In BLACK SUPERHERO, his debut play as a writer, Danny Lee Wynter (last seen on stage in Dominic Cooke's beautiful revival of The Normal Heart) casts himself as the protagonist, David, a mixed race actor who's working none-too-contentedly alongside his sister Syd (Rochenda Sandall) as a children's entertainer. David has been struggling to get acting jobs and attributes that struggle to the whiteness of the industry. Among David's social circle, though, are others having more success. These include the African American King (charismatic Dyllón Burnside, of Pose), who heads up the "Crawtopia" superhero franchise and who is dealing with the particular pressures and liberations that such a high-profile mainstream gig entails.
David's been nursing a crush on King for years, but when a hedonistic night results in a tryst in Shoreditch the pair's relationship gets more complicated - not only by the fact of King's marital status but also by what is gradually revealed as David's troubled childhood which, the play indicates, has resulted in projections and fantasies about a saviour/father figure - a bill which the combo of King and his superhero alter ego seems to fit.
For better and for worse, BLACK SUPERHERO is very evidently an actor's first play, and Wynter's own trajectory from being an usher at the Court in the early 2000s to having his debut script staged in its main auditorium has been irresistibly rehashed in the publicity. Clearly, the piece draws on his own personal and professional experiences as both actor and activist (including his founding of the admirable Act for Change initiative). Both soul- and body-baring, BLACK SUPERHERO is open in its critique of casting processes and gay and Black representation across various levels of the industry, while contrasting takes on such contemporary cultural touchstones as Moonlight and Fairview are also offered up in the characters' on-the-nose debates.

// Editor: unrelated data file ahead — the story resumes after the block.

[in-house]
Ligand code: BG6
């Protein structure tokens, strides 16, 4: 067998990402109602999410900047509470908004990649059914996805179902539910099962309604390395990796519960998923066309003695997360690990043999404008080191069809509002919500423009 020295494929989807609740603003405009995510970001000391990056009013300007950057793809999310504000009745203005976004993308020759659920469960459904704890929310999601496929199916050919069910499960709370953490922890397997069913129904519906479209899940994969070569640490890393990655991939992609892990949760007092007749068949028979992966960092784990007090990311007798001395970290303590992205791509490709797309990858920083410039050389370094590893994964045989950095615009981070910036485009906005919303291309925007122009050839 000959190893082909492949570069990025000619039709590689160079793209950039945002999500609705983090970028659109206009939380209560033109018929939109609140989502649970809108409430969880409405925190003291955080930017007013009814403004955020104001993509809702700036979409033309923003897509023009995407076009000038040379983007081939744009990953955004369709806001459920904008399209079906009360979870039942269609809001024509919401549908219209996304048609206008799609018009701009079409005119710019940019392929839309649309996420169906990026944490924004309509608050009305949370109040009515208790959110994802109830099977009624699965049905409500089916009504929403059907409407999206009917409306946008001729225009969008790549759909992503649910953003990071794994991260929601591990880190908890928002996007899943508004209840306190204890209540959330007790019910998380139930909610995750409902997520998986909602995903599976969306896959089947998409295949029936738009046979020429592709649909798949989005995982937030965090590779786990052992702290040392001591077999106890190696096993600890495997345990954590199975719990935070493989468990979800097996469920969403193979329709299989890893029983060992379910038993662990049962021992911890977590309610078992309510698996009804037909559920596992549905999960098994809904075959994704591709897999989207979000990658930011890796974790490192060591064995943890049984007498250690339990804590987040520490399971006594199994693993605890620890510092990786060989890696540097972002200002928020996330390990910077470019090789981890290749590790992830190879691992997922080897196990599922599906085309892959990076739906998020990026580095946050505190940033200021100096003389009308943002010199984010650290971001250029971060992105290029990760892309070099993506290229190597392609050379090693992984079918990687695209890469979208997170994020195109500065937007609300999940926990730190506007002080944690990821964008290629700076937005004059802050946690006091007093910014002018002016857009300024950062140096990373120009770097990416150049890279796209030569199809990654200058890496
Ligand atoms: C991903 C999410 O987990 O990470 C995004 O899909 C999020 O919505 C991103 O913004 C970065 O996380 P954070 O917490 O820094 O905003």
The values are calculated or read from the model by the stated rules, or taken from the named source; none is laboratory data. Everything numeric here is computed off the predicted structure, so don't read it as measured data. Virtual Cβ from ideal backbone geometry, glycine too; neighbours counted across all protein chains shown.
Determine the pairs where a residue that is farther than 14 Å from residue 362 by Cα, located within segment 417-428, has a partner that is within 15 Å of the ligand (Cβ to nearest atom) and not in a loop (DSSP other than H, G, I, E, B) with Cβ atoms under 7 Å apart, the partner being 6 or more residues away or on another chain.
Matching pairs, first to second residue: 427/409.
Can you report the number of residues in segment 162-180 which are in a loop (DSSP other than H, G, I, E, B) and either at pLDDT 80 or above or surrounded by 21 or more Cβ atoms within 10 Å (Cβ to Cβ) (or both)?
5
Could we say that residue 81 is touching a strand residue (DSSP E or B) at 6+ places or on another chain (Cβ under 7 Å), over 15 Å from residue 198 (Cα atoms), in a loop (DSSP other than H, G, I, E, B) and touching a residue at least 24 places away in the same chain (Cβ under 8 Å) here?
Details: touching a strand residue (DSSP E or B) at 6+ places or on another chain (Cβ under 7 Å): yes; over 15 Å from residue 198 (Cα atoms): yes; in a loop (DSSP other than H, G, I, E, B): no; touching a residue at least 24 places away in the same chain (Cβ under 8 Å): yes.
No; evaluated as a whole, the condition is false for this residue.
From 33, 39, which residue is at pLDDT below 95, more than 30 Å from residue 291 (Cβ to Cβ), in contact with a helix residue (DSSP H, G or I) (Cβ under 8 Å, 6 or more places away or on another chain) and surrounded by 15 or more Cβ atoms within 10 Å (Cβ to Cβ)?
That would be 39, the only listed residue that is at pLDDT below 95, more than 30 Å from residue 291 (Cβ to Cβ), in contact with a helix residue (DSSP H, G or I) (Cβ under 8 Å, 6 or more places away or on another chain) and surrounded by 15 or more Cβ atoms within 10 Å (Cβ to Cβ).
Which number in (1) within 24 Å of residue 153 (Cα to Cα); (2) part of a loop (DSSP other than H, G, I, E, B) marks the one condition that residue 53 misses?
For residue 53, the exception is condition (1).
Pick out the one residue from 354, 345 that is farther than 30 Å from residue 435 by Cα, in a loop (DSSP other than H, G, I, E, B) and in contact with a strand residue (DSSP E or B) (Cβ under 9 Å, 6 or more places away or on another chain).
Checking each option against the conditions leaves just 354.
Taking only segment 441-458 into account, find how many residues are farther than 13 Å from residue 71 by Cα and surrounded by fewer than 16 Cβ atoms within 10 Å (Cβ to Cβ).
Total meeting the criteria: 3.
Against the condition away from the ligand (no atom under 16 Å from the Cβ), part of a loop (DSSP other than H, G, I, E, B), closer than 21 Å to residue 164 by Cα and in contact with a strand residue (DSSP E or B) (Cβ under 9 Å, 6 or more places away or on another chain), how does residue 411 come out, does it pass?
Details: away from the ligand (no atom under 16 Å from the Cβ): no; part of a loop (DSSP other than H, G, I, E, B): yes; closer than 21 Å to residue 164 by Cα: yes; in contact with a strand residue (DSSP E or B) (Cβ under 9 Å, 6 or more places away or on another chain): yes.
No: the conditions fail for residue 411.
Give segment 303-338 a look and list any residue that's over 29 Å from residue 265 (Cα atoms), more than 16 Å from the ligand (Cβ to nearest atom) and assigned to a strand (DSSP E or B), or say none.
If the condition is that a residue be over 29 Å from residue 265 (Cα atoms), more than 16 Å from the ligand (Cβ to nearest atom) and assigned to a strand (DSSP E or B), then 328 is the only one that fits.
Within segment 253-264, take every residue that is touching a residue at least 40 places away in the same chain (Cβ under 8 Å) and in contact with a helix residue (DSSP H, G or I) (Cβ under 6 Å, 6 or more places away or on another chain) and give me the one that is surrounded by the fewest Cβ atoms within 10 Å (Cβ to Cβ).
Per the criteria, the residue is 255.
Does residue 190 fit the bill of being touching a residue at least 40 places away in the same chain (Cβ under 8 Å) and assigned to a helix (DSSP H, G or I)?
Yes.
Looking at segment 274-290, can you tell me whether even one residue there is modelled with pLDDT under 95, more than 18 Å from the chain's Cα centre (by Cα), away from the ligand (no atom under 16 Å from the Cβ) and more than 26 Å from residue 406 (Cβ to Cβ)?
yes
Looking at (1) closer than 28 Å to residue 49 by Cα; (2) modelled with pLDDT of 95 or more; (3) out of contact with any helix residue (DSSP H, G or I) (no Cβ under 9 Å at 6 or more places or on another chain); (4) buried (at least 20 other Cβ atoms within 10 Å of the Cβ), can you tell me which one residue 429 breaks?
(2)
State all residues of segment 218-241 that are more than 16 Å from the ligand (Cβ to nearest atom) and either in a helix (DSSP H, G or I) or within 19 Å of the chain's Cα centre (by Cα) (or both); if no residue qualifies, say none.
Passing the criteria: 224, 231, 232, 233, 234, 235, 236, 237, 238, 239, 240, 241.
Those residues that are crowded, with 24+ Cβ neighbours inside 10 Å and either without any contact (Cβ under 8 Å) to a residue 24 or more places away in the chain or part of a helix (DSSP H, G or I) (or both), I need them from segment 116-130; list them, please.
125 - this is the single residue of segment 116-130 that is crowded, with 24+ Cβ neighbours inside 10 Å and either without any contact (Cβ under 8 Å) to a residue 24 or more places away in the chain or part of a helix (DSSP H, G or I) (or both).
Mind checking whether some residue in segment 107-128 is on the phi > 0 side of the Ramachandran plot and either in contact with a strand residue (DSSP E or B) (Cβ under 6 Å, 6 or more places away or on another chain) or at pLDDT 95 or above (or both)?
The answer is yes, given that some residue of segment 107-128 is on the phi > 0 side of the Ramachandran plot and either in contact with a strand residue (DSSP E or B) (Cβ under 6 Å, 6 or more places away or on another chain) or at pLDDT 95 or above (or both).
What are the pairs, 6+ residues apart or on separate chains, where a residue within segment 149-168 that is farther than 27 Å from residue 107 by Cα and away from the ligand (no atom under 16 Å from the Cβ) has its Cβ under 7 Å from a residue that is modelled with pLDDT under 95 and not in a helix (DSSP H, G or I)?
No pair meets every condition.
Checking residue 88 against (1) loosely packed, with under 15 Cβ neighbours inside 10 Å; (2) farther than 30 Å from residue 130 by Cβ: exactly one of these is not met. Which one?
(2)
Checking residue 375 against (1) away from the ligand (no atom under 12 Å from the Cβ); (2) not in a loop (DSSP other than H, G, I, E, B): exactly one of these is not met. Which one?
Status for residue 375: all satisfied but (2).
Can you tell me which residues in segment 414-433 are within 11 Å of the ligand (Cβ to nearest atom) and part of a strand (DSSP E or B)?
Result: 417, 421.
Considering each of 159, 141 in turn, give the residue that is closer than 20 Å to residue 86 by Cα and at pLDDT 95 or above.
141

Throughout, in fact, the play revels in refs and quotations ranging from Big Brother to Hamlet - some of these are funny and revealing while others are a bit forced and gratuitous. And influences from Edmond to Angels in America to Daddy are evident in its own design, albeit filtered through a very British sensibility, language and rude humour.
If the end result feels less self-indulgent than it might, that's down to Wynter's populating the play with some sharply-drawn characters surrounding David, especially the conflicted King who resents his status as a Black spokesperson (and is evading specifics about his sexuality in interviews) and fellow actor Raheem (Eloka Ivo) whose easygoing, anti-activist attitude contrasts with David's combative militancy. The character of Syd also serves to give a different account of their childhood and to call David out on his narcissism (though Sandall often overacts here as she did in Steve McQueen's Mangrove).
Not all of the characters are as sympathetically created, though. The white roles, in particular, feel strategically caricatured, though both Ben Allen and Dominic Holmes get their laughs, with Allen playing King's prissy spouse (a relationship that the play doesn't manage to make convincing) and a passive aggressive Australian interviewee quizzing the star on his personal life.
What's more, for all the concern over representation, the writing sometimes defaults dishearteningly to stereotype - from the appearance of a predatory bisexual (played with redeeming gusto by Ako Mitchell) to the presentation of David as a protagonist messed up by paternal absence who just wants some reassurance that Daddy cared after all. (Though dedicated to the playwright's mother, it's one of the oddities of the piece that David's relationship with his mum is barely referred to at all.)
The first half of BLACK SUPERHERO is the more confident and entertaining. The play is at its best when exploring the blurred lines of gay intimacy: King and David's hook up is super-sexy and believable, with post-coital playfulness perfectly played by the two actors. The second half, with David accompanying King on an Australian promo tour, feels more scattered and attenuated, and doesn't quite make good on the opening's promise. Part of the problem may be in the writing but it's also due to the fact that Daniel Evans' production, though proficient, fails to give the hallucinatory elements - David's fantasies of Craw's appearances - enough crazy conviction and heft. A final encounter is confusingly staged, though redeemed somewhat by a quiet, cleansing coda. The combination of wider cultural concerns with a whole heap of unresolved Daddy issues ultimately doesn't quite come off, but BLACK SUPERHERO remains engaging and provocative at its best.
BLACK SUPERHERO is booking at the Royal Court until 29 April.